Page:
It is the norm for human athletes, even non-athletes, to be treated by a physiotherapist on a regular basis. We do this to help maintain and protect our bodies and ensure optimum performance. Unfortunately our equine athletes are not all afforded the same necessity.
Instead we hear: “He won’t bend to the right so I:..”
a. “Changed my bit”
b. “Forced the bend”
c. “Put him into side reins”
d. “Know he’s being stubborn so I gave him a hiding.”
We train our horses as athletes every day, getting them “fit” for their next big event, but many of us do not look at the holistic approach, it’s all about what happens in the arena. That is a very narrow minded approach, as what happens in the arena is but a mere 1 hour of their entire day. Something as simple as a slip in the field or a kick from another horse can leave your horse feeling discomfort and in need of treatment from a well versed, educated and knowledgeable physiotherapist.
The body is an amazing biomechanical setup. Physiotherapists train for many years to understand biomechanical structures and continue to learn with each new patient as no two patients are exactly the same.
Physiotherapists are trained to find the discomfort and limitations which arise through modern day living and training. Physiotherapy offers a global approach; it not only focuses on the primary problem, but also on the secondary locomotive restraints.
Physiotherapy aims to:
- Reducing and improving the biomechanical constraints.
- Treatment of pain and inflammation.
- Promotion of healing.
- Maintenance of the momentum of training.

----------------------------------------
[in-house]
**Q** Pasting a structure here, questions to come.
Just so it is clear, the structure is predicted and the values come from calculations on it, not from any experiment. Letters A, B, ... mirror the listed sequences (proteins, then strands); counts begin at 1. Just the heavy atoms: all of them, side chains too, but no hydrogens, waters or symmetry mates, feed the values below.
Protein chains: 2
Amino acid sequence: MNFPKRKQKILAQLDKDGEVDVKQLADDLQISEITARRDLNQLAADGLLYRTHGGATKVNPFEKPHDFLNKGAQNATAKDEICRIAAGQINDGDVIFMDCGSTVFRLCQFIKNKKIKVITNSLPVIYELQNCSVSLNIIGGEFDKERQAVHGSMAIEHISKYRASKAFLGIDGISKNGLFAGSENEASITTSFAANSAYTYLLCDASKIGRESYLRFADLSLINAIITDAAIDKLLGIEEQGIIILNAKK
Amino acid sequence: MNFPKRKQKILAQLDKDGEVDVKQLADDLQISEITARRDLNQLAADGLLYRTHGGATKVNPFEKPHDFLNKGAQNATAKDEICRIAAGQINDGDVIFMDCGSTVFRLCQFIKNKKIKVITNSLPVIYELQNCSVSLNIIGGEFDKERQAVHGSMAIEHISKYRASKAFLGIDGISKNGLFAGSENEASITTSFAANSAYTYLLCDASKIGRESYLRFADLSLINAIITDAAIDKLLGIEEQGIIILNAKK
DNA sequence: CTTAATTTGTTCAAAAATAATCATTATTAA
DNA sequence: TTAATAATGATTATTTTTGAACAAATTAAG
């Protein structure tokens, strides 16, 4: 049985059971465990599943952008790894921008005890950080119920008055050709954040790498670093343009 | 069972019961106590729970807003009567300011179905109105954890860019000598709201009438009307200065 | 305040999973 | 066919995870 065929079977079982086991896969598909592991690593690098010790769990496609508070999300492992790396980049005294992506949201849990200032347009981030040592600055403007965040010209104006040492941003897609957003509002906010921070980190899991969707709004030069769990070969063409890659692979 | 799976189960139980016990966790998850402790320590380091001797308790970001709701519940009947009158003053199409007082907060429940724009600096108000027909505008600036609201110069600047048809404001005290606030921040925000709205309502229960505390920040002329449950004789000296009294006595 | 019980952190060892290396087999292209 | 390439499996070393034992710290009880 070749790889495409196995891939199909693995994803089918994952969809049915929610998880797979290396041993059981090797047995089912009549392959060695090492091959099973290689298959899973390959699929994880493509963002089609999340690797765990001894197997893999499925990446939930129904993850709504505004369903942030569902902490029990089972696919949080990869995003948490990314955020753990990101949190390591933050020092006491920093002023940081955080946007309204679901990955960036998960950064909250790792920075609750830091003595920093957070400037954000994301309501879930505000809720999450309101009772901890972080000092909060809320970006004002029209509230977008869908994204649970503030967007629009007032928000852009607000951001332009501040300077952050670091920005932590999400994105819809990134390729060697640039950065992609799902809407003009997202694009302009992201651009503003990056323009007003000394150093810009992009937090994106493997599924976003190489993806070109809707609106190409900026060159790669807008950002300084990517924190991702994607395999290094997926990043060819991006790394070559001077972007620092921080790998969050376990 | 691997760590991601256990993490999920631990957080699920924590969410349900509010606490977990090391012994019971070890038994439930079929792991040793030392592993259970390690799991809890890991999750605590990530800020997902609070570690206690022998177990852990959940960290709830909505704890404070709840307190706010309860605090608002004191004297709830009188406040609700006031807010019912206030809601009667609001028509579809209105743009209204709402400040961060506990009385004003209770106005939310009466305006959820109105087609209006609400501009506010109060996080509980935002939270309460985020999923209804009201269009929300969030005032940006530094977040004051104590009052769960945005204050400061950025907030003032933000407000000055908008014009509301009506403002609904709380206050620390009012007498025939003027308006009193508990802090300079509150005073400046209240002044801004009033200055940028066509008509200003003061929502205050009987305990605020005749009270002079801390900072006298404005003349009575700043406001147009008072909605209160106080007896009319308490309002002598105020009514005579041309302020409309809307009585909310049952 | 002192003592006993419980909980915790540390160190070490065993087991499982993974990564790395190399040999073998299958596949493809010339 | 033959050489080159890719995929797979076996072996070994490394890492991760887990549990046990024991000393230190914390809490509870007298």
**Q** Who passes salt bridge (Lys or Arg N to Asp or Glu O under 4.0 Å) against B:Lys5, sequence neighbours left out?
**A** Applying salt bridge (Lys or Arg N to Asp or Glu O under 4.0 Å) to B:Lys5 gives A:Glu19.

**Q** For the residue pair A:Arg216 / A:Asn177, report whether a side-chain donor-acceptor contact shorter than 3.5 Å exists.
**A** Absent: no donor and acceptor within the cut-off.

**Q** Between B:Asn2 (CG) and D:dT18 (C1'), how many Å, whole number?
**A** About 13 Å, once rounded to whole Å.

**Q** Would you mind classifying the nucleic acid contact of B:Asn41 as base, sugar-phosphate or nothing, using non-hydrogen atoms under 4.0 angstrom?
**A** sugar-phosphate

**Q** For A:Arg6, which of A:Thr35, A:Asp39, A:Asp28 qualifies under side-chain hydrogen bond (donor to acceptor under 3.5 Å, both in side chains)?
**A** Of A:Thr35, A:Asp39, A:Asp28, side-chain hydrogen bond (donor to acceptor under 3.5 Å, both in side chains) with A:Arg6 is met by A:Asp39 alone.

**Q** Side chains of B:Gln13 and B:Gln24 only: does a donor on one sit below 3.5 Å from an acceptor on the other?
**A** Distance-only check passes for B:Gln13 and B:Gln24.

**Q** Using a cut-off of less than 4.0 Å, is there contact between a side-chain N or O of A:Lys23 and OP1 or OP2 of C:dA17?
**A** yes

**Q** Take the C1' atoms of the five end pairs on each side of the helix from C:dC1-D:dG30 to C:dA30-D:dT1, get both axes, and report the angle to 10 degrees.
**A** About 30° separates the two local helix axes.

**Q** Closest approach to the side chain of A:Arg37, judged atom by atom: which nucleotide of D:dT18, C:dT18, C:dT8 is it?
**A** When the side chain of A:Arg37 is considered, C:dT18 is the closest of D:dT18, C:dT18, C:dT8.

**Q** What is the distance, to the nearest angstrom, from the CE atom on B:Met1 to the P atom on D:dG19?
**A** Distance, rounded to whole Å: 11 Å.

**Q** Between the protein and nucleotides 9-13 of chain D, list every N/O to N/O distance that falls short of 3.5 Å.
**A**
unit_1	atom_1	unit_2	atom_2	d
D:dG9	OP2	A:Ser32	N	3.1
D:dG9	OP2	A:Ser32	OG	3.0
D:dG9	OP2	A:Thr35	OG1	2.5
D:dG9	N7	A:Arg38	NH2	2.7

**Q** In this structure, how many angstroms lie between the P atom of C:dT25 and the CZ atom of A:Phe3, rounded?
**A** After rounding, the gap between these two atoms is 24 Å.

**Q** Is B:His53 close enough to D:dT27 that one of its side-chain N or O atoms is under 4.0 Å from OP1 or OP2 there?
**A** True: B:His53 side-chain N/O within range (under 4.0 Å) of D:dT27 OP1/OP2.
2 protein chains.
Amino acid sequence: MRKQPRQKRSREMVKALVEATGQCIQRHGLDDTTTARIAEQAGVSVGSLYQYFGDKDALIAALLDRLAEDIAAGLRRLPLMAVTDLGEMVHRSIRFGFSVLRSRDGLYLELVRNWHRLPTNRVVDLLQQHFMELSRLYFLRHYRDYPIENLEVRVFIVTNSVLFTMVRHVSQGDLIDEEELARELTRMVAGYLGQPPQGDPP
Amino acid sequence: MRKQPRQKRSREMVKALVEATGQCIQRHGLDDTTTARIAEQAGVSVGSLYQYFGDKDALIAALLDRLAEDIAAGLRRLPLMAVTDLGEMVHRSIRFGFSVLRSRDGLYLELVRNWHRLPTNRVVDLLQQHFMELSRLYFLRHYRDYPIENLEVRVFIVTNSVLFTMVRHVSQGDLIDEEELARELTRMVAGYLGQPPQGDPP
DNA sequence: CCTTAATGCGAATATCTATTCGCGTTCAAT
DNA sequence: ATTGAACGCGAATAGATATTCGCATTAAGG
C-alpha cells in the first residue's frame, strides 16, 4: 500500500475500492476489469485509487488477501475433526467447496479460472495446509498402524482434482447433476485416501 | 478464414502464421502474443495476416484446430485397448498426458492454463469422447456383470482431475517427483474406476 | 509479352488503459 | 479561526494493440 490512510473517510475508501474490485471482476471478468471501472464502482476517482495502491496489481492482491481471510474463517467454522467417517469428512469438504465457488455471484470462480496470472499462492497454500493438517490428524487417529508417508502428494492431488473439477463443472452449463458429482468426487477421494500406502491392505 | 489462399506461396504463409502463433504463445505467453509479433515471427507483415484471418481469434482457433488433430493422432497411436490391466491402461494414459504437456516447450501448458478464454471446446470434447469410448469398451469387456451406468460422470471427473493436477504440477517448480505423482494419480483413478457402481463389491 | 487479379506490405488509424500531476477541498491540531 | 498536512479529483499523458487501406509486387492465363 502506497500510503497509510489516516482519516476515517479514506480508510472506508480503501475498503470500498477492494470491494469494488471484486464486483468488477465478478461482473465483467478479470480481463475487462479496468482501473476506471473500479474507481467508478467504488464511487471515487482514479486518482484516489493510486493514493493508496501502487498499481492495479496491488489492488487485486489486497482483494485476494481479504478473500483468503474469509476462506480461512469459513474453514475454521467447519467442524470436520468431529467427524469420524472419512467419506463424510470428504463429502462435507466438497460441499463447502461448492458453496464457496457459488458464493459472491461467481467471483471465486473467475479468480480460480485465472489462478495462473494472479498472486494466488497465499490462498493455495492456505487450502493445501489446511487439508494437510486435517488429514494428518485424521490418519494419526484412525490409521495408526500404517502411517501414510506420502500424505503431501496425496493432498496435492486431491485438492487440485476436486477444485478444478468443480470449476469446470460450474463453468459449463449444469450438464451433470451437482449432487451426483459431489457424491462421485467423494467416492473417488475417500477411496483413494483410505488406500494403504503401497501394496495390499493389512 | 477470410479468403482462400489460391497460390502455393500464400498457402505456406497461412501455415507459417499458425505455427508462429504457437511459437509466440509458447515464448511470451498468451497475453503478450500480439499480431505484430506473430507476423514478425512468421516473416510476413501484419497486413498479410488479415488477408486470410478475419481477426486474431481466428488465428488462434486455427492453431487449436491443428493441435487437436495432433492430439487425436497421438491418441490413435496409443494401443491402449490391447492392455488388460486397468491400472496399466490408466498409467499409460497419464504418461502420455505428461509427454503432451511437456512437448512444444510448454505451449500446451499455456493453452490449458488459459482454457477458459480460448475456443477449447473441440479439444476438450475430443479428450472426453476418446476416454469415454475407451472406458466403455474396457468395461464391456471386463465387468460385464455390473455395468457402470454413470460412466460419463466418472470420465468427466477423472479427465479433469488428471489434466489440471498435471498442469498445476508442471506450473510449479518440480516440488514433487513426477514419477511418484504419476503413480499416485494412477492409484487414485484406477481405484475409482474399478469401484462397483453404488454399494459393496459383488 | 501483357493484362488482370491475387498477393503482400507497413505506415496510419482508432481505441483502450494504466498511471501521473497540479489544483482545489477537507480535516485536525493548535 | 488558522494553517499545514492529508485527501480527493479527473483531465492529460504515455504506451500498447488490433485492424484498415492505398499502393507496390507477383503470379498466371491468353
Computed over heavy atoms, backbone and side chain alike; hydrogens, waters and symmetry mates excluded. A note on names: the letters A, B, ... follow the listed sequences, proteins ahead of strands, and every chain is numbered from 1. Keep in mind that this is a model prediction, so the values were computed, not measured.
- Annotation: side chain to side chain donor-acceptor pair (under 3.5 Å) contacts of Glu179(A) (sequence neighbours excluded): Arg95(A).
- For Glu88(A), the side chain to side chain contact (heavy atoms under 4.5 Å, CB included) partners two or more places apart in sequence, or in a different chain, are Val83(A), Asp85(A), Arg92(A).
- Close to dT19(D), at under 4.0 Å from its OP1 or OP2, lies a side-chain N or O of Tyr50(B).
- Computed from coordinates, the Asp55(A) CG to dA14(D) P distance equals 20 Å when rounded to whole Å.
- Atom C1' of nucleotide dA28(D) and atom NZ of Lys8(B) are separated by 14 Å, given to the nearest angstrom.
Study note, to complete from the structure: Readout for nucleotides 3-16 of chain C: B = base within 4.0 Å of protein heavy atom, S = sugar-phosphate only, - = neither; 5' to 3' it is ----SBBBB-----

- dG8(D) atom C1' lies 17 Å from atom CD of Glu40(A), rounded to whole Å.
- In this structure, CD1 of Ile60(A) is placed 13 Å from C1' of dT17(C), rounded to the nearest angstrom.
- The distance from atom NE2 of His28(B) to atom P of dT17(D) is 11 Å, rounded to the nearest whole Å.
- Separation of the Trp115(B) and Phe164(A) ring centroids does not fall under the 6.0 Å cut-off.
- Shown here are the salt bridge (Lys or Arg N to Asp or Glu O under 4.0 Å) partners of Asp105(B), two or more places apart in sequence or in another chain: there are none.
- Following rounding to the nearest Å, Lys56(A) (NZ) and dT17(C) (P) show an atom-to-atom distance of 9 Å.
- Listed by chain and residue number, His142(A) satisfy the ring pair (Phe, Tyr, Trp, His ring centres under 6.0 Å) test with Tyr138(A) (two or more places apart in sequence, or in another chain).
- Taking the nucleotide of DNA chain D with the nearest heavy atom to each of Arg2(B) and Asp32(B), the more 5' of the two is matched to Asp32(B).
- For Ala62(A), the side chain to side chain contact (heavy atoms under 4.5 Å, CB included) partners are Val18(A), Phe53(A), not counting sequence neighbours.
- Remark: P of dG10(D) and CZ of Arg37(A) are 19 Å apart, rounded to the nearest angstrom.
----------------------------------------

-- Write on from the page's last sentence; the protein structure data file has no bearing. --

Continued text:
- Prevention and management of secondary compensations.
In my opinion physiotherapy is much more than a physical therapeutic modality. Through touch and gesture physiotherapy helps to narrow the communication gap between therapists and the horse and also through rehabilitation exercises helps narrow the gap between rider and horse.
We are all subjected to the stress and strain of every day. Through our normal activities of daily living, many of us get stiff and sore.
Physiotherapists assess, treat and try preventing human movement disorders. They aim to restore normal function, minimise dysfunction and pain and by so doing facilitate patients to achieve their highest level of independence.
The human body is an intricately woven vessel. Within it everything is interlinked and all things influence one another. The psyche and physical both play an equally important part in affecting healing.
Besides the obvious complexity of the body it should be understood that it is easily affected by life around us. It surprises me that sometimes very ordinary daily tasks can have a very large and often detrimental affect on our bodies.
I believe in treating every patient holistically and completely individually. No two patients are the same.